Join Justin Seeley for an in-depth discussion in this video Using the updated Free Transform tool, part of Illustrator: 2013 Creative Cloud Updates.
With the latest update to Illustrator, Adobe is really trying to make object control and manipulation easier with the three revamped free transform tools. What makes these new features so unique is the fact that they also work on touch screen monitors or touch enabled drawing tablets as well. But I'll get to that in just a minute. Let's start off first by creating a new document here. Let's go to File > New and 1024 by 768 is fine, does not matter how big or how small the document is. And then once you have your document created, I'm going to go ahead and select a fill color of kind of a dark orange, and then set the stroke color to none.
And then I'm going to grab the Rectangle tool and just draw out a rectangle. Does not matter how big or how small the rectangle is, we're going to be distorting it, and scaling it up and down, anyway. So once we have that rectangle out on the artboard go ahead and grab your Free Transform tool. You can select it in the Tools panel here or just press the letter e on your keyboard. Then you'll see a little bar pop up somewhere on your screen, mostly likely over here on the left. You can drag that bar anywhere you want by clicking and dragging on the top just like so. Once you have that in place where you want it. Just stick it somewhere it makes sense to you.
You can see that you have four options here. The top option is a constraint option, which means if I have this turned on, I will only be able to scale or manipulate this object in proportion, so it constrains it to the original aspect ratio in which I drew it. So, right now you can see it almost looks like two little pieces of a chain that are broken in half. And that's what these little lines out to the side signify, that it's broken. If I click here, it snaps it back together and it looks like a chain again. And so when this is checked on, you can tell that by it looks like this, I can scale up and down in proportion as big or as small as I would need it to be. Now, if I uncheck that box, then, when I scale it up or down, I can actually free distort it in any way that I want.
Now, also with this box unchecked, I have the ability to come to the middle here. And you notice, when I come to the middle point, I have the little shear icon that appears. That means I can sheer this. Left, right, any direction I want. I can also kind of drag it up or down at the same time while I'm doing that to create some really interesting shapes. Now, this is something that previously, you had to use something like the Sheer tool to do, but now you're able to do it right here inside of the Free Transform tool. Now, you've also got the perspective to stork this is where you can come to 1 of the corner points and you can actually change the vanishing point of objects.
And so you just come to the corner points and make adjustments like so, you can create some really intriguing shapes remember this started out as a rectangle now it almost looks like some sort of kite, or something that we might be flying. (LAUGH). So I could actually draw a little streamer on it, and it looks like a kite. Pretty cool. Now, the last option here is going to be free distort. And free distort basically just allows you to come to any corner point on the object. And just free distort it in any way that you see fit. Just like so, pretty easy. So there you go.
That's the new Free Transform tools and this is how they work in regular Illustrator but let's take a look now at how this look on a touch enabled screen like a Wacom Cintiq, for instance. Okay, as you can see, I have the ability with this touch enabled screen to just simply select the Free Transform tool. Once I have the Free Transform tool up, I have the same controls. I can constrain it, so I can go in or out horizontally or vertically in proportion. I can unconstrain that, and then I can free distort it any direction I want.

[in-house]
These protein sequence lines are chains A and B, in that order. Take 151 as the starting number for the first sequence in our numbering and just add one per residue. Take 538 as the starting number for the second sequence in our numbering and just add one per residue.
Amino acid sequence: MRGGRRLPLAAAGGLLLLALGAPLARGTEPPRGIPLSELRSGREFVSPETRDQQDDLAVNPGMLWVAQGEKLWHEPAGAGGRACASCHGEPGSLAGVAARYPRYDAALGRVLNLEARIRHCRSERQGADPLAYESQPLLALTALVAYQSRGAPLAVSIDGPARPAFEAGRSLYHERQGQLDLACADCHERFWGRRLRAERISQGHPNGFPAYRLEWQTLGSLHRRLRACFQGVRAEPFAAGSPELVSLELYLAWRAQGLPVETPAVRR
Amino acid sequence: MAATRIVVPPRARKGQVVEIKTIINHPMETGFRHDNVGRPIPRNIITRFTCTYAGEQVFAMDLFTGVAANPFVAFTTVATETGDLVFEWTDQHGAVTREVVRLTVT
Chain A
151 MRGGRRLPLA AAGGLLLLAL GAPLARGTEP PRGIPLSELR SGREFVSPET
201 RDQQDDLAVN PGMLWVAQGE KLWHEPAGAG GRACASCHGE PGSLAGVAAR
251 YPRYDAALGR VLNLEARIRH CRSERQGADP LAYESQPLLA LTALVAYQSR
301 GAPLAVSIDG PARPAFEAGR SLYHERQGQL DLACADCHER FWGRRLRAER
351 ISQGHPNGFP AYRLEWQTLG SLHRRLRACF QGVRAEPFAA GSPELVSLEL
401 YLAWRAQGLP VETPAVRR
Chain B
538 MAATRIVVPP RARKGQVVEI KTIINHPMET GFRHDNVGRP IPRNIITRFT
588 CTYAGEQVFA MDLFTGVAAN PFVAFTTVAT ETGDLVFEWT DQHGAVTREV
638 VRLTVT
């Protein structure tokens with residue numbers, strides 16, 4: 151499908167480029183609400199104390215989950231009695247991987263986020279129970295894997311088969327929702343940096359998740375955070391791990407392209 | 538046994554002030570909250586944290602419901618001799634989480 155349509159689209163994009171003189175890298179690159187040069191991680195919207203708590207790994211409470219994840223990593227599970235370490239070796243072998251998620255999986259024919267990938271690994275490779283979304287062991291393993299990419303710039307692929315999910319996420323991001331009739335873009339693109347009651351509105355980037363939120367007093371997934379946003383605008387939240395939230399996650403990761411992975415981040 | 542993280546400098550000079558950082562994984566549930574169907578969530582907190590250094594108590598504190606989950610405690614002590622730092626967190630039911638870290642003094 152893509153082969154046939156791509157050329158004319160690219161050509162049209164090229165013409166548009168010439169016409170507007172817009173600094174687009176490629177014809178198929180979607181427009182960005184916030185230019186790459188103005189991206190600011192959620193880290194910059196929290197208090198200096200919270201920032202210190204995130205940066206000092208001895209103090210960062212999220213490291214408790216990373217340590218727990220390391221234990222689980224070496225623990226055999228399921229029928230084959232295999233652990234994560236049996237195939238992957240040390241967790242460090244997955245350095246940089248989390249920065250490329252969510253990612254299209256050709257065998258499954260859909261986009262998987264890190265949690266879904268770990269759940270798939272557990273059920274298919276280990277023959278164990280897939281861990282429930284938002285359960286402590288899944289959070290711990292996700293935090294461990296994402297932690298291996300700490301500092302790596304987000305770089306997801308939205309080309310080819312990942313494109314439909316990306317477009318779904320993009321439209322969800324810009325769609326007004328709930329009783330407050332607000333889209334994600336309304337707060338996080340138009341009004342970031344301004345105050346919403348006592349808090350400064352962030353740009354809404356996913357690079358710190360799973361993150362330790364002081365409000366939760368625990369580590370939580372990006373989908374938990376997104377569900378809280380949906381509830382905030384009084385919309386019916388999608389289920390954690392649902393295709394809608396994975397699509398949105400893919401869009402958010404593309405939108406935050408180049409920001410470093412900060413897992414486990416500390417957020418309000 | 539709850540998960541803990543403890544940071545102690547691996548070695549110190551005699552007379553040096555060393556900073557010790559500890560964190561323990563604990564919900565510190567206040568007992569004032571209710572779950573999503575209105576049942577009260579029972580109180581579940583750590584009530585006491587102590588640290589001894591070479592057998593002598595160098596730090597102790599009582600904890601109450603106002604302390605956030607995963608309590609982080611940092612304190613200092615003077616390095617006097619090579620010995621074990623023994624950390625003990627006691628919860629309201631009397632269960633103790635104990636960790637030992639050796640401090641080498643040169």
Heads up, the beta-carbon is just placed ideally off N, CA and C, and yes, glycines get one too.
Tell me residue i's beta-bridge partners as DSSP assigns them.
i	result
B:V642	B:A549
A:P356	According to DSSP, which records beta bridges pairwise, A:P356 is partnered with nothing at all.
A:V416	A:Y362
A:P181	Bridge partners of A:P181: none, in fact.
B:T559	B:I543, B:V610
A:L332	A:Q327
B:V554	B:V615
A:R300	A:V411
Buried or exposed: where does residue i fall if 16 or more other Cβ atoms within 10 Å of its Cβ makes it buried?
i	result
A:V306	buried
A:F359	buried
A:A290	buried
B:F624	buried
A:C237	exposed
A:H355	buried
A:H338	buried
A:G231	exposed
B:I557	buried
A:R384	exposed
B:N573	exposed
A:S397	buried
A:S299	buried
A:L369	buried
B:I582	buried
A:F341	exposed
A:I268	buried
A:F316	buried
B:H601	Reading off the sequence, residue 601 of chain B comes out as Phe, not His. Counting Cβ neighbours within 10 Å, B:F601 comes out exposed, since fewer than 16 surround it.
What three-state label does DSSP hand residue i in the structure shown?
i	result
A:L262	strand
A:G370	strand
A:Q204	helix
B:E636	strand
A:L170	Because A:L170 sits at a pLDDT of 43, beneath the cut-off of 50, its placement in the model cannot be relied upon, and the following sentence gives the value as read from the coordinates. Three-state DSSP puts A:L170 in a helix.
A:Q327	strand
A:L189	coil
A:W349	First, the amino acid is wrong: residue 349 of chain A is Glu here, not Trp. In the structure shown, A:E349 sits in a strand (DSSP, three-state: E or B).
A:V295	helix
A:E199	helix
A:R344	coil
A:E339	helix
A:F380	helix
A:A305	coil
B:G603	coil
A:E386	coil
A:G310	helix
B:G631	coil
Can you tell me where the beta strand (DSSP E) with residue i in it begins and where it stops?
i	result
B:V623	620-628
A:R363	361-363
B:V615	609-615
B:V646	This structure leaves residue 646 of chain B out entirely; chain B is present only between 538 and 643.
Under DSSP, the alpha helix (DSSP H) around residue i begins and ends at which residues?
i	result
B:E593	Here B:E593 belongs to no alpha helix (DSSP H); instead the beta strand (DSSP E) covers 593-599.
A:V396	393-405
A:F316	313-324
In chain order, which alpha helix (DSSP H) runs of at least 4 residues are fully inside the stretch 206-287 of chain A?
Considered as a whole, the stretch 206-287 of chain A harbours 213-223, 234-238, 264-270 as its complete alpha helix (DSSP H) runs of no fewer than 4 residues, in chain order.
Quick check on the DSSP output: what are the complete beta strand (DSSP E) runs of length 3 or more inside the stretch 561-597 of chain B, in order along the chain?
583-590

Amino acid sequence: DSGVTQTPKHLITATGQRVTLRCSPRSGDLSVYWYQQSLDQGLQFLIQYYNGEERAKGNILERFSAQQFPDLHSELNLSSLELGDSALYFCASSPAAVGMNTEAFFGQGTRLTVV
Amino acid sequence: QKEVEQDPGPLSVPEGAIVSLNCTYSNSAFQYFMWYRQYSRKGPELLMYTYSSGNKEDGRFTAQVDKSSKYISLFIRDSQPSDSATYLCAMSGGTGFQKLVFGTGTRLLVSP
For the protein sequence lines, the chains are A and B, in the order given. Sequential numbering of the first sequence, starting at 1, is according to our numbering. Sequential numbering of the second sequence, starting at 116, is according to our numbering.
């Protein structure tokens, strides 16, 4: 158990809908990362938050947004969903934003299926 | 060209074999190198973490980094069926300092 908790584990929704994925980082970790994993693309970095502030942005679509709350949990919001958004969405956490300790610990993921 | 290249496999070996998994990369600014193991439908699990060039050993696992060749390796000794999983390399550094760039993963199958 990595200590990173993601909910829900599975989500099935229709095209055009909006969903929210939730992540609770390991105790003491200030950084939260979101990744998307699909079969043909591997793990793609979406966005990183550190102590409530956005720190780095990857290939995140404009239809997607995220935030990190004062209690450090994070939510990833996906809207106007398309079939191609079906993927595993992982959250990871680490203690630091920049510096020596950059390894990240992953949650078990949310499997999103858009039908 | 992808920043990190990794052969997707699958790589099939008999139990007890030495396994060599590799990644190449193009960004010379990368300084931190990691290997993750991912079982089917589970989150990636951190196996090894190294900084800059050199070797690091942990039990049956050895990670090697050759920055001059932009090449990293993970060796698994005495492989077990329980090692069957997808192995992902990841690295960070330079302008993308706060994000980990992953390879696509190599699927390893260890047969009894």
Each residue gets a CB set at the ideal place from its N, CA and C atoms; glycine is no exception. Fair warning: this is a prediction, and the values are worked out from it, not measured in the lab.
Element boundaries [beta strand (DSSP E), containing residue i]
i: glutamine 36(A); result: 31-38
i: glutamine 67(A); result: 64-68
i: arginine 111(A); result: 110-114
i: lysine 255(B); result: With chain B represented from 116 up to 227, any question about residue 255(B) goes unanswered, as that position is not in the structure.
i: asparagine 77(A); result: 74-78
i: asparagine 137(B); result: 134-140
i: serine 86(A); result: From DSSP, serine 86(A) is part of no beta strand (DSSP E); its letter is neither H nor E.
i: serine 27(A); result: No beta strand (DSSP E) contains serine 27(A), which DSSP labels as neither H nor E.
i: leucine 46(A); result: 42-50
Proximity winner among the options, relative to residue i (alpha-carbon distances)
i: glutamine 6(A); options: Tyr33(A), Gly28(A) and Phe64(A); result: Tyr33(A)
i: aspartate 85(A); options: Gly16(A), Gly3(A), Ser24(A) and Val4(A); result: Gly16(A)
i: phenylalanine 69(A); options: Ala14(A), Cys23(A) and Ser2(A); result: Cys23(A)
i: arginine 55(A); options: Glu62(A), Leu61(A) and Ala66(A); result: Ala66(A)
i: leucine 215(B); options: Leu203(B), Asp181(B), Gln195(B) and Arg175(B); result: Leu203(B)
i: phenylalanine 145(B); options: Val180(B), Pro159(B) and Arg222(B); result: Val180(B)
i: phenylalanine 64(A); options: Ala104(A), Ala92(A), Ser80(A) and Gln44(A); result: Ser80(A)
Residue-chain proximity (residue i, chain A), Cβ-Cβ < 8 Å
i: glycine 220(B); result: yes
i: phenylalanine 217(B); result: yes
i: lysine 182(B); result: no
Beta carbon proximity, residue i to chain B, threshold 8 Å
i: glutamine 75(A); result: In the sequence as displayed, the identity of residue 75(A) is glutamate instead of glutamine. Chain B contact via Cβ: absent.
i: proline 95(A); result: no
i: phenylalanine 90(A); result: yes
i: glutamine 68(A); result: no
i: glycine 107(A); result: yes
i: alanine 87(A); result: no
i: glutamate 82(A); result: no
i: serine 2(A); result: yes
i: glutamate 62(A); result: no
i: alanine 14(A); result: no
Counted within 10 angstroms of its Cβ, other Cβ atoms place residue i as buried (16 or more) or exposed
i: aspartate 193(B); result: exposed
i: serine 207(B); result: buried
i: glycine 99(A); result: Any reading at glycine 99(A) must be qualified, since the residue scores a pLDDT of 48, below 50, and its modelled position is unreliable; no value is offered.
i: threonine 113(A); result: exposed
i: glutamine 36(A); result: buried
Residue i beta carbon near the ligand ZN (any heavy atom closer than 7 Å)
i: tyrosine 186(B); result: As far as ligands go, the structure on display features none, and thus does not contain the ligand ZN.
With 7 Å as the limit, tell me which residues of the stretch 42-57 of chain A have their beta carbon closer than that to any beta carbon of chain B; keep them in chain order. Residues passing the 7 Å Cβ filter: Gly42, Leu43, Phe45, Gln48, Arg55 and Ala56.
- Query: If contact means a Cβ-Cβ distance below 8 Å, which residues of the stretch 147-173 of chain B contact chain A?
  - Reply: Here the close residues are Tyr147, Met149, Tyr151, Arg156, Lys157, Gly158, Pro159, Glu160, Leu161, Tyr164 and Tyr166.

I can then also use the Perspective Distort tool to change the vanishing point, either make it go farther away or closer to me, just like so. And then I'll finally tap here to enable the free distort mode, and once I'm in free distort mode, I can take my finger or the pen and go to any one of these corner points and just click and drag to manipulate them directly on the screen, which is pretty cool. It should also be noted that Illustrator now supports touch gestures as well so let's take a look at that now as you can see here I can pinch and zoom using just my two fingers to zoom in and out of the document that I'm working on. I could also create a couple of artboards so let's do that real quick I'll switch over here to the Artboard tool.
And I'll just come out here and draw an artboard, something like that, and let's draw another one, this one a little bit bigger, something like that. Now once I have the Artboard tools drawn, you can see this, I can actually swipe across the artboards, just like that. If I'm in artboard editing mode, which I am currently with the Artboard tools selected. I can actually tap on an Artboard, and then I can use my fingers to rotate that Artboard around. Just like that.
So as tablets and touch-enabled screens continue to evolve and become a more integrated part of our workflow. Applications and gesture support like the ones found in the latest update to Illustrator, will become increasingly more important, and I assure you, that this definitely just the tip of the iceberg.
Note: Adobe Creative Cloud is updated on a regular basis. We will add more tutorials as features are added or changed, so check back often.
- Placing multiple files at once
- Unembedding raster graphics
- Searching for fonts and swatches
- Loading images in brushes
- Working with Automated Corner Generation
- Using the updated Free Transform tool